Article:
I am dismayed with our homogenous approach to gathering information using search engines, specifically the overwhelming use of Google. How often do I hear, “I Googled this search term” instead of, “I tried various search engines to learn more about my query”. One of the lessons drummed into my mind during high school and beyond, is the importance of multiple sources when researching a topic. Ideally, libraries are still the best place to go (notice the plural) to learn more about a given topic. Hit the stacks, look up the books (including those next to the ones you have the call numbers for), along with related periodicals and glean from different perspectives on the topic. These days, most opt for the ‘net instead. If you do so, why just Google?
For instance, when one queries topics, she might notice that Google and Yahoo! yield different results. Both search engines use different algorithms to achieve this. Unfortunately, using different search engines such as Yahoo!, Google, and Bing! (Microsoft) turned into a popularity campaign rather than an opportunity to get different information on a topic of interest. The documentary Google: Behind the Screen by Ljsbrand Van Veelen for VPRO Dutch television highlights just how dangerous it is use only one search engine exclusively over others. I am not saying that Google is a bad search engine, but I am saying you are placing the pursuit of knowledge at risk when you hand the task over to just one source. Consequently, we empowered Google with more than what they deserve and in the process placed our freedom on the internet, privacy, and acquisition of knowledge at risk. Please see Google: Behind the Screen in its entirety. Here is an excerpt of the documentary and if you are pressed for time please skip to 7:45 where founder of Archive.org, Brewster Kahle speaks on the importance of using different sources, be it a book or the interweb.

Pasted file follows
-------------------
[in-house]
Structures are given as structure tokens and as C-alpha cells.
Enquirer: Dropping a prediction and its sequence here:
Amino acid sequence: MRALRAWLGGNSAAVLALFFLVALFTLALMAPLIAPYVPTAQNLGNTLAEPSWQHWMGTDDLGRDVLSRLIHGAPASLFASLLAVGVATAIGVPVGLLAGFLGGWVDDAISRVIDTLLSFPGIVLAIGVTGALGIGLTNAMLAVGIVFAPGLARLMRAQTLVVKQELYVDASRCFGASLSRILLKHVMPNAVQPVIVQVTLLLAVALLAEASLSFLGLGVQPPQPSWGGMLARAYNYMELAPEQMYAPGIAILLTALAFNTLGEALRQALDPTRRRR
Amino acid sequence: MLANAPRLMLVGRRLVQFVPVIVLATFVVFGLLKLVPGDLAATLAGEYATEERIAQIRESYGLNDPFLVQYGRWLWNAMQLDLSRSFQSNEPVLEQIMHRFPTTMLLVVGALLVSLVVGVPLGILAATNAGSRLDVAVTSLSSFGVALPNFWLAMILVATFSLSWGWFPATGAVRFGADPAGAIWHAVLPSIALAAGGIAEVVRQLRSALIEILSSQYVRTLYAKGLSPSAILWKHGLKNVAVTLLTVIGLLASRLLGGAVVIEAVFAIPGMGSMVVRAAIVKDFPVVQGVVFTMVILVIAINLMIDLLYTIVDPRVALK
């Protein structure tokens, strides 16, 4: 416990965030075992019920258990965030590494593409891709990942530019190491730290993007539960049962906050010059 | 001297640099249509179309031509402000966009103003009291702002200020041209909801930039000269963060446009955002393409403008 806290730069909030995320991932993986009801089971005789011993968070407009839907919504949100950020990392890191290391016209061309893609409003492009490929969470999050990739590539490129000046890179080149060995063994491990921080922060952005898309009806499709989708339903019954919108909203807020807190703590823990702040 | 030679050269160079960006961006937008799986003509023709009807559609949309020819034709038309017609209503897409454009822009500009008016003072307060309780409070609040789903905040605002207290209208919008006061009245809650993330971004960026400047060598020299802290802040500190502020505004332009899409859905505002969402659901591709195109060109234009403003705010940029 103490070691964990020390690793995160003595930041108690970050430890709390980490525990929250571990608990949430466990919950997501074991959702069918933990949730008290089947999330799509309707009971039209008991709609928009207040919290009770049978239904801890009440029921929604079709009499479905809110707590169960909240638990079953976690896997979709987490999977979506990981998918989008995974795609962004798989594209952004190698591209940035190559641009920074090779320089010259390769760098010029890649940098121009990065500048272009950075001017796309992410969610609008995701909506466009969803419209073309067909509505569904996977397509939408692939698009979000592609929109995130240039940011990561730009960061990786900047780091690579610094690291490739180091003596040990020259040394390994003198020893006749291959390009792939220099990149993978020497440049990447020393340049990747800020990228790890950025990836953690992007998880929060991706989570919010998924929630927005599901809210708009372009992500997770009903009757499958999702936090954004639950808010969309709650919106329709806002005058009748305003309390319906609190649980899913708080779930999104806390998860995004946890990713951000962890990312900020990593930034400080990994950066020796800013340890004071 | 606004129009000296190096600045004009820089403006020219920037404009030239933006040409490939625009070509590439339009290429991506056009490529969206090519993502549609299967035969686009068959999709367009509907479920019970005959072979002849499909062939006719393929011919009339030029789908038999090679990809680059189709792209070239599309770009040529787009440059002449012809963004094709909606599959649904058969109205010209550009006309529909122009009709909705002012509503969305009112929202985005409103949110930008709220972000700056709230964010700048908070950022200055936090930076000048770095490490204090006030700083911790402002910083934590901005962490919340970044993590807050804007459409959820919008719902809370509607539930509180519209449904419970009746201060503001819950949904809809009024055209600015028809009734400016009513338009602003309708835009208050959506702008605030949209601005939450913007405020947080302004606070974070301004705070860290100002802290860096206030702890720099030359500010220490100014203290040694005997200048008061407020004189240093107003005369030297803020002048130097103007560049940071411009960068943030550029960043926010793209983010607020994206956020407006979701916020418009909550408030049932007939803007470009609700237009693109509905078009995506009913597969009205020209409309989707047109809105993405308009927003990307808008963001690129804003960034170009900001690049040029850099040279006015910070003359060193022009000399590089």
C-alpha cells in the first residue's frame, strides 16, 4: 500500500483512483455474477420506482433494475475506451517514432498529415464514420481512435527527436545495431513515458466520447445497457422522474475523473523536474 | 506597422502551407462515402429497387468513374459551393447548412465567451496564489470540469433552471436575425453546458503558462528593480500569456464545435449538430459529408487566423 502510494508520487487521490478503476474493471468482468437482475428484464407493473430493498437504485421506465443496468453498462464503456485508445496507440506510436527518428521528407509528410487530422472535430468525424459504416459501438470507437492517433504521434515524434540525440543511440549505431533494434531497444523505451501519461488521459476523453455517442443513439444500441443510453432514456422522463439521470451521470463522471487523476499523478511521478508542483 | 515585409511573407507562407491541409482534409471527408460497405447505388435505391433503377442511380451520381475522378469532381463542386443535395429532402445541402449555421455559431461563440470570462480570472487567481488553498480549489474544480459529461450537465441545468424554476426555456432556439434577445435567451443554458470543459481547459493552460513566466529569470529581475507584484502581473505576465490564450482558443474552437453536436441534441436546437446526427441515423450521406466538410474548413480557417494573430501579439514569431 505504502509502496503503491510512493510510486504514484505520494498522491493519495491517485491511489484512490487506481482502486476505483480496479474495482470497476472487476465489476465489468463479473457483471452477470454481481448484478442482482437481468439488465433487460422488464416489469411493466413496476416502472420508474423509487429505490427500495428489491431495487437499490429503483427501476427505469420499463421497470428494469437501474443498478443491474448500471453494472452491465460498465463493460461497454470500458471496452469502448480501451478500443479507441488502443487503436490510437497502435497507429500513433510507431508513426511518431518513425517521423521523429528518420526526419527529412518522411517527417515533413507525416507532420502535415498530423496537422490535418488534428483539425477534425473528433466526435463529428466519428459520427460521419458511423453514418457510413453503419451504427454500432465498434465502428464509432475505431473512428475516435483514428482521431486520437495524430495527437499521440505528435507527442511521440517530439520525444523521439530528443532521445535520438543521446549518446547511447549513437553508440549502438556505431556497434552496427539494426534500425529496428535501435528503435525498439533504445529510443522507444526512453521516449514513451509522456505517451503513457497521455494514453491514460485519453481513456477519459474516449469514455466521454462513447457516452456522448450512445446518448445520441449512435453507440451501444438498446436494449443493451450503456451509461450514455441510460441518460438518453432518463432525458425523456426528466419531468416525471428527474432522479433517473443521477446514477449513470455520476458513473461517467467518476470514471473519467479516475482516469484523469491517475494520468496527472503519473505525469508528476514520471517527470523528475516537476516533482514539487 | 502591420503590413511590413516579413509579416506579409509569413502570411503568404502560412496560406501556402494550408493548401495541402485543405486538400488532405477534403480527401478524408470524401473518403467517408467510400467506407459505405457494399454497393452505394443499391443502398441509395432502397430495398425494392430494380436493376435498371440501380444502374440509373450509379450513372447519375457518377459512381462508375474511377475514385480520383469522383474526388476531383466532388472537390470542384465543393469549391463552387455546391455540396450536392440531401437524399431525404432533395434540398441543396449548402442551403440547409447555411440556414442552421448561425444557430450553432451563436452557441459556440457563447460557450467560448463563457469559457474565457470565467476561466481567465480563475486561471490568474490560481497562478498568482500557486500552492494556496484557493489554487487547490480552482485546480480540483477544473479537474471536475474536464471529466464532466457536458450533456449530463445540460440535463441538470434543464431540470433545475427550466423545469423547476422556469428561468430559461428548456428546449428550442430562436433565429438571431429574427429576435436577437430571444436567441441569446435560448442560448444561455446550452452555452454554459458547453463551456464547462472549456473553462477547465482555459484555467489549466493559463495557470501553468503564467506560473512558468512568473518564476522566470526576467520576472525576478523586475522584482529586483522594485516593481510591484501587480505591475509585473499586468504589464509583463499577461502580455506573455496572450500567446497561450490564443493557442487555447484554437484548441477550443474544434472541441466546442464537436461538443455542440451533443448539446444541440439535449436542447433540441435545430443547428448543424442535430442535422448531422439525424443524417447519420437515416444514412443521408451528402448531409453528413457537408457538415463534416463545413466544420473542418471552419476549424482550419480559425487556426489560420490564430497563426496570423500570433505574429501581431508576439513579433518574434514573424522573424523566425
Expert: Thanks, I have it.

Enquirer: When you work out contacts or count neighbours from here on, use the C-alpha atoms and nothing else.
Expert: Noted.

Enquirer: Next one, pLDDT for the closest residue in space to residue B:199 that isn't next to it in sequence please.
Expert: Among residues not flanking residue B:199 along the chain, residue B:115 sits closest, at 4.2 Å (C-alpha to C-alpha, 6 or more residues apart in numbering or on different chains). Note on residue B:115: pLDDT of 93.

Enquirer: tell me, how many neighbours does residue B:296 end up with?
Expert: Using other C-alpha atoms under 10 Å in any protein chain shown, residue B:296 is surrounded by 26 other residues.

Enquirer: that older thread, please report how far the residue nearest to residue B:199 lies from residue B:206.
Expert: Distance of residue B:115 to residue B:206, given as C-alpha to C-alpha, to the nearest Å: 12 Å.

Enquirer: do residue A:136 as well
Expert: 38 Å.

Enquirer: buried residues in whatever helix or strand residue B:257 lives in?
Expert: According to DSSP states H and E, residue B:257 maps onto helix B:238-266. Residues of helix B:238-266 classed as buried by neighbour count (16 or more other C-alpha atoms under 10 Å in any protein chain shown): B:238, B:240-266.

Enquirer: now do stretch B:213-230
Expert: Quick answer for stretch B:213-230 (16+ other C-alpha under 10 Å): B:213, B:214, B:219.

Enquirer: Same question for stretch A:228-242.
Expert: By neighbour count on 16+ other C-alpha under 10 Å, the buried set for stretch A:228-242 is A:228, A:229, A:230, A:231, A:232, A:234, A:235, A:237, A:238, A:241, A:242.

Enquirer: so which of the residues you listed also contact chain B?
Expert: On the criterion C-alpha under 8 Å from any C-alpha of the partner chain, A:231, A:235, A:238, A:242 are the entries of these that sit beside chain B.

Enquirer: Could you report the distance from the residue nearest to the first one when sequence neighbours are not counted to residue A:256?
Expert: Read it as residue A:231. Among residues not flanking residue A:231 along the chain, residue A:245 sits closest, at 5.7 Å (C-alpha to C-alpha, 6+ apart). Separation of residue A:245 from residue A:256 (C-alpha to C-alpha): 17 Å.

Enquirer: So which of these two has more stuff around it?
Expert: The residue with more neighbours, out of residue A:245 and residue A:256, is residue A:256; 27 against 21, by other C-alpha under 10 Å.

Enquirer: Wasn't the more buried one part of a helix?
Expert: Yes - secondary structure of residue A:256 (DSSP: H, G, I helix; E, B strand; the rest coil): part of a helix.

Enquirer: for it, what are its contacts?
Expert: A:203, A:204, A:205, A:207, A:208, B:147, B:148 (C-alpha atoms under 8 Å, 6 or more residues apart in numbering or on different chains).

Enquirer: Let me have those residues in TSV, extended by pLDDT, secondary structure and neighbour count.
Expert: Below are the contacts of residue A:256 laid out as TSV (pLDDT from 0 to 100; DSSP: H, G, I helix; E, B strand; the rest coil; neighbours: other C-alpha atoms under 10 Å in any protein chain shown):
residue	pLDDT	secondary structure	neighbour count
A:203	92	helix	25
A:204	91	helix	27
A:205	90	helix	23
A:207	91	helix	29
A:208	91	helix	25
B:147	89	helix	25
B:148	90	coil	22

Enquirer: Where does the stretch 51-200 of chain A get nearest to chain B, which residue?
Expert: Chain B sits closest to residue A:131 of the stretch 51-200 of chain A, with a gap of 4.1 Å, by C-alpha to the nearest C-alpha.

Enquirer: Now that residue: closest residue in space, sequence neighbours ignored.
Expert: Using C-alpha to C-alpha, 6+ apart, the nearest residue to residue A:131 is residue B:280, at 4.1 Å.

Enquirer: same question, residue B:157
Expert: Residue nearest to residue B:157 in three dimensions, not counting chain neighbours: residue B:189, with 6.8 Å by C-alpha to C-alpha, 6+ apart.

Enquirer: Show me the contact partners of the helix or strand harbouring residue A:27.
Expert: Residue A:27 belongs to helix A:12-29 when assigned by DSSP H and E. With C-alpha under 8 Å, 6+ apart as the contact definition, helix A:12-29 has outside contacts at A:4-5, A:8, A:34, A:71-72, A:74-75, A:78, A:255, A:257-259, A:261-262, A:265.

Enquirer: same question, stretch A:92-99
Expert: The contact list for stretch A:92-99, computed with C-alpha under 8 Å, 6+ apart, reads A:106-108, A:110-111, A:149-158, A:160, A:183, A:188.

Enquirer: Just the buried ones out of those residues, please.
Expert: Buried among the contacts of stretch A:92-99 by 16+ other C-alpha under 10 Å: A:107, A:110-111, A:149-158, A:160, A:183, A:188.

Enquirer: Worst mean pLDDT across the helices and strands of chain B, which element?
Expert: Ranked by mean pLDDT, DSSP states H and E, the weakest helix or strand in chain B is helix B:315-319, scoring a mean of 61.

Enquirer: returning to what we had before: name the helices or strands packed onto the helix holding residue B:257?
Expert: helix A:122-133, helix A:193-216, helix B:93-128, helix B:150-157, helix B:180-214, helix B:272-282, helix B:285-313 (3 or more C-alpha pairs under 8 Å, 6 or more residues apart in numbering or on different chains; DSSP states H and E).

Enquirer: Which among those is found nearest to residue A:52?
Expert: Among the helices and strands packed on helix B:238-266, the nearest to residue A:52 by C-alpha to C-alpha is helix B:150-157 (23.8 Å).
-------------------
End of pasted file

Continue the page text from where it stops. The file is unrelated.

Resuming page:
Since we are on the topic of search engines, allow me to propose some really cool alternative ones I now use.